Magnesium sulfate (Mg) seems to have greater significance when used during preterm labor. Experts claim that using magnesium sulfate declines the neonatal brain injury associated with maternal inflammation or maternal infection. It was ascertained that magnesium sulfate given before anticipated preterm birth diminishes the threat of cerebral palsy in surviving infants.
Scientists examined pregnant Sprague-Dawley rats at 18 days gestation that were provided with i.p. LPS (500 μg/kg) or saline at time 0. During the research, dams were randomized to treatment with s.c. saline or Mg (270 mg/kg loading followed by 27 mg/kgq20 min) for two hours prior to and following the i.p. LPS or saline. The delivered pups were allowed to mature until postnatal day 25. Four to eight female offspring forming per group were analyzed under isoflurane anesthesia by MRI brain imaging and through voxel based analysis (VBA) after spatial normalization.
“We knew there were indications from other studies that magnesium sulfate might protect a preterm fetus from cerebral palsy, but we wanted to demonstrate direct and conclusive protective effect on the offspring brain in cases of maternal inflammation” elucidated Ron Beloosesky, M.D., one of the investigators. “We wanted to learn more about the protective effects of Mg in cases where maternal inflammation causes preterm birth, so we used the very sensitive diffusion tensor imaging, Magnetic Resonance Imaging to study how Mg works.”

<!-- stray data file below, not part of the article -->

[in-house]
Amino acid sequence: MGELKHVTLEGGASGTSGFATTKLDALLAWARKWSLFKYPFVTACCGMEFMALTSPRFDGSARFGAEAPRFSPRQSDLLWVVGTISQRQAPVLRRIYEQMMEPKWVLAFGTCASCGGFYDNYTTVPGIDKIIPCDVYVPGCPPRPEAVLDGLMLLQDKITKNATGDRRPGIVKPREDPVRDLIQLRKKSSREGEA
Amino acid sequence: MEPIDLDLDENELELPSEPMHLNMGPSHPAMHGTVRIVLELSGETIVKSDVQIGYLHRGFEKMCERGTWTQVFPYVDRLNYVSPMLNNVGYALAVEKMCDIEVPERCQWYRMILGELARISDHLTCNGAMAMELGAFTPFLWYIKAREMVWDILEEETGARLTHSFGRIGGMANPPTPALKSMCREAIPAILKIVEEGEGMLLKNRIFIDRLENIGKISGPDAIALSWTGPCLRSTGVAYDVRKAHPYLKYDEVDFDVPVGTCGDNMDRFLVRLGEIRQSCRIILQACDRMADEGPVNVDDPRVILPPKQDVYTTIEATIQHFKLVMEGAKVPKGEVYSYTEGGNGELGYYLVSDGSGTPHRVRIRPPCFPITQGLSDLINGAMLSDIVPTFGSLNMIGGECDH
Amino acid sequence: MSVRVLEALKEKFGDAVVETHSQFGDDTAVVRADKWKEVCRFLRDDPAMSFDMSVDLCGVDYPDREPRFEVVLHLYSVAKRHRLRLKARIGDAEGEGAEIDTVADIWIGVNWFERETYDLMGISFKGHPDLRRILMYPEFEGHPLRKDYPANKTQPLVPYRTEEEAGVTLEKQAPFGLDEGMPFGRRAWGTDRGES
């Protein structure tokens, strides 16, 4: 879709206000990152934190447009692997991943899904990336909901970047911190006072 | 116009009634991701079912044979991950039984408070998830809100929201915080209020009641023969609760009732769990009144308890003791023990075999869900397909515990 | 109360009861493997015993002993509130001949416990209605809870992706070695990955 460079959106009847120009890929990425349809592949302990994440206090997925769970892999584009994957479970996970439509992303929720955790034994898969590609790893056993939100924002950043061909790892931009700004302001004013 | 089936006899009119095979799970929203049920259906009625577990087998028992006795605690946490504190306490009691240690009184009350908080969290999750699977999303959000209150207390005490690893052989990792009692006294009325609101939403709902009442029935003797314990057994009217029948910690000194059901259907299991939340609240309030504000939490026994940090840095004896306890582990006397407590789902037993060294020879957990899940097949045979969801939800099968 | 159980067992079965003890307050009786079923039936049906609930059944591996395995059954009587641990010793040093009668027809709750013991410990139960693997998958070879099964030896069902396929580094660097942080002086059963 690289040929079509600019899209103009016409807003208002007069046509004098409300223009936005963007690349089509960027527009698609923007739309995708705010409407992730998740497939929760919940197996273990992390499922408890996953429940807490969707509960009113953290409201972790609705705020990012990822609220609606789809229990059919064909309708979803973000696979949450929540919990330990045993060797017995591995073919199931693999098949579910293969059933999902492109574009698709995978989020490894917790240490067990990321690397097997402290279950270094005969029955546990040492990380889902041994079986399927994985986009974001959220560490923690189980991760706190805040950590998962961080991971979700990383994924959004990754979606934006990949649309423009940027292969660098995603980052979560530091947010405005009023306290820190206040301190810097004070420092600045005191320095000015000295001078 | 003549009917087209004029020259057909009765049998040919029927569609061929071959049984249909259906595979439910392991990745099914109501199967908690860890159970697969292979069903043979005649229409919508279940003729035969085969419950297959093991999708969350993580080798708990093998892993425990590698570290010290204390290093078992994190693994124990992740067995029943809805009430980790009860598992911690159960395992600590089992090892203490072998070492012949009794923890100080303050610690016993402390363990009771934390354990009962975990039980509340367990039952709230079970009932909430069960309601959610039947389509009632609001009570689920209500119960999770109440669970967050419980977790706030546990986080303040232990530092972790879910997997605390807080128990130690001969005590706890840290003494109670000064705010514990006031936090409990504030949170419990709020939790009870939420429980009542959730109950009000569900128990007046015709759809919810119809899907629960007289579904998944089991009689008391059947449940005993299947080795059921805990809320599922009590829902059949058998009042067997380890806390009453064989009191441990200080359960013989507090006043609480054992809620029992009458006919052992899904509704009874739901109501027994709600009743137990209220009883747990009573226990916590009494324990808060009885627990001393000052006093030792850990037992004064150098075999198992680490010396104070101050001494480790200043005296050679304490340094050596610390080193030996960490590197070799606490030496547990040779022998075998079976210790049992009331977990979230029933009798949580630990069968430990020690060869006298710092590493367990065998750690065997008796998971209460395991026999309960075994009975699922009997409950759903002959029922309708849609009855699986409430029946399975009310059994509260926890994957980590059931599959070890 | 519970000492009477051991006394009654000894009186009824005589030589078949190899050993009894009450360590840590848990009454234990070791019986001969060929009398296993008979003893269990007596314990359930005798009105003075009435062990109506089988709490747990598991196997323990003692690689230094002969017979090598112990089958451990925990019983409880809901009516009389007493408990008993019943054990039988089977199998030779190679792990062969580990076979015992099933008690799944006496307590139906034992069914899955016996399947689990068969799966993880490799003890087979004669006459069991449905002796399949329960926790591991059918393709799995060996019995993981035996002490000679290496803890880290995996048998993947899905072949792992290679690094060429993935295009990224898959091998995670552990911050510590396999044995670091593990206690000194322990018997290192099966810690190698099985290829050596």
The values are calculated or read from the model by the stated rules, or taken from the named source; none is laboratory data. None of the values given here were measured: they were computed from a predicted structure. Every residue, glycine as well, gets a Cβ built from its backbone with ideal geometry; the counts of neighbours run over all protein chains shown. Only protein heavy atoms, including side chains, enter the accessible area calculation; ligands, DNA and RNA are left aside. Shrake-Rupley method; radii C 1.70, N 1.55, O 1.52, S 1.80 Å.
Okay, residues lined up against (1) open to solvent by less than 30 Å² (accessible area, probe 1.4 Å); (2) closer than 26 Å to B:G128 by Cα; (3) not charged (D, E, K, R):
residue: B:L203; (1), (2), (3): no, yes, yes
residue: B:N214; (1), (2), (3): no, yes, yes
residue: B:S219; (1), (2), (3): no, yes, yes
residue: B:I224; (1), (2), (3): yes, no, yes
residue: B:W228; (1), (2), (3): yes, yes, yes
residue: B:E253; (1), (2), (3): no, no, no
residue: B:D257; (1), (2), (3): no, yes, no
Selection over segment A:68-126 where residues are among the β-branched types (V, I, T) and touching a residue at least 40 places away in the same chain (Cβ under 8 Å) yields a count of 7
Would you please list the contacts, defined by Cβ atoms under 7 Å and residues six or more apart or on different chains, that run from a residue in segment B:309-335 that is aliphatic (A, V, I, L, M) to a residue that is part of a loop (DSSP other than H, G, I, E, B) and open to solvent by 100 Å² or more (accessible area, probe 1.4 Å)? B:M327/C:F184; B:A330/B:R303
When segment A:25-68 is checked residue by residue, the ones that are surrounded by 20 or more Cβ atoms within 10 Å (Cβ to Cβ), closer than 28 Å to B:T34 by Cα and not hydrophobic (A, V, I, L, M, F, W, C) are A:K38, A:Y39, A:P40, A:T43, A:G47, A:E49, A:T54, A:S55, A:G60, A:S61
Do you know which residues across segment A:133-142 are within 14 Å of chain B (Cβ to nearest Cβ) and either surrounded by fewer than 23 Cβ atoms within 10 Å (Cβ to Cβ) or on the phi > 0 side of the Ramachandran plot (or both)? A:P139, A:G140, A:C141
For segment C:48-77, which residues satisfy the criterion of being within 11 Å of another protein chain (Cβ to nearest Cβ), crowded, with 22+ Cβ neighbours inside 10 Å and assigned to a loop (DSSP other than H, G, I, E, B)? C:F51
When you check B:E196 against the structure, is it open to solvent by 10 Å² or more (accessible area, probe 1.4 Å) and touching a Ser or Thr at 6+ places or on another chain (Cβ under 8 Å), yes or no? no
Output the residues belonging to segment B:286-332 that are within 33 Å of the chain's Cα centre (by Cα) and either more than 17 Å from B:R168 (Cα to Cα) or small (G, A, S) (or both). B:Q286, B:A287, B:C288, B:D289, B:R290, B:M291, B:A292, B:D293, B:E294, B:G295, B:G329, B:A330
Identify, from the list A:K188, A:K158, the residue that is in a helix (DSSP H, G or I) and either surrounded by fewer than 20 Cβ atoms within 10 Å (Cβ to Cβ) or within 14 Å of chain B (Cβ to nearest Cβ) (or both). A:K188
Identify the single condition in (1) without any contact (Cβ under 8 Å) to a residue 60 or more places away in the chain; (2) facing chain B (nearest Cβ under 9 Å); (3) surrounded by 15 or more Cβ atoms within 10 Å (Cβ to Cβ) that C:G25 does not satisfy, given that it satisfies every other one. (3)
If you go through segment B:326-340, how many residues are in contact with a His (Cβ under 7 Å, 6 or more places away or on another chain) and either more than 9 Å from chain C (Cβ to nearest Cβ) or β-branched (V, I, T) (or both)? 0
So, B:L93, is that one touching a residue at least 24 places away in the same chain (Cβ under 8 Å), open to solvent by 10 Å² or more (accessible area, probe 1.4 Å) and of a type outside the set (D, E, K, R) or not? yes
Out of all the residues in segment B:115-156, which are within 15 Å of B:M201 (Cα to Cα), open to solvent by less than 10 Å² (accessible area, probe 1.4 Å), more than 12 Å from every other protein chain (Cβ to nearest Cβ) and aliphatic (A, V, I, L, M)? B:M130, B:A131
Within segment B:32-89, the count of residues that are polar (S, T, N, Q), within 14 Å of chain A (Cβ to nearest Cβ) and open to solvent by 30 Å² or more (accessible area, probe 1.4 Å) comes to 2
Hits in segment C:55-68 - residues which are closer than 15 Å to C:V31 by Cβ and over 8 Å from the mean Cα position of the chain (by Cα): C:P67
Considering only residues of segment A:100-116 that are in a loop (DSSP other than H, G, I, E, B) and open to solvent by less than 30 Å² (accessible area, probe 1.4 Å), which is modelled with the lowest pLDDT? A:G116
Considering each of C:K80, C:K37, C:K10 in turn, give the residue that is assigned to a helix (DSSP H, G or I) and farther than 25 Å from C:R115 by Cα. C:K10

T2 relaxation time was put to use for assaying white matter injury and diffusion tensor imaging in Fractional Anisotropy (FA) comparison. As a result, offspring of LPS-treated dams reported significantly heightened T2 levels, and declined FA levels in white as well as gray matter. Offspring of Mg-treated LPS dams on the other hand, registered similar T2 and FA levels as control in both white and gray matter. It was concluded that Mg treatment helps decrease evidence of neonatal brain injury related to maternal LPS. Further investigations will be carried out to analyze the precise way magnesium sulfate offers this protection.
The research was presented at the Society for Maternal-Fetal Medicine’s (SMFM) annual meeting, The Pregnancy Meeting, in San Francisco.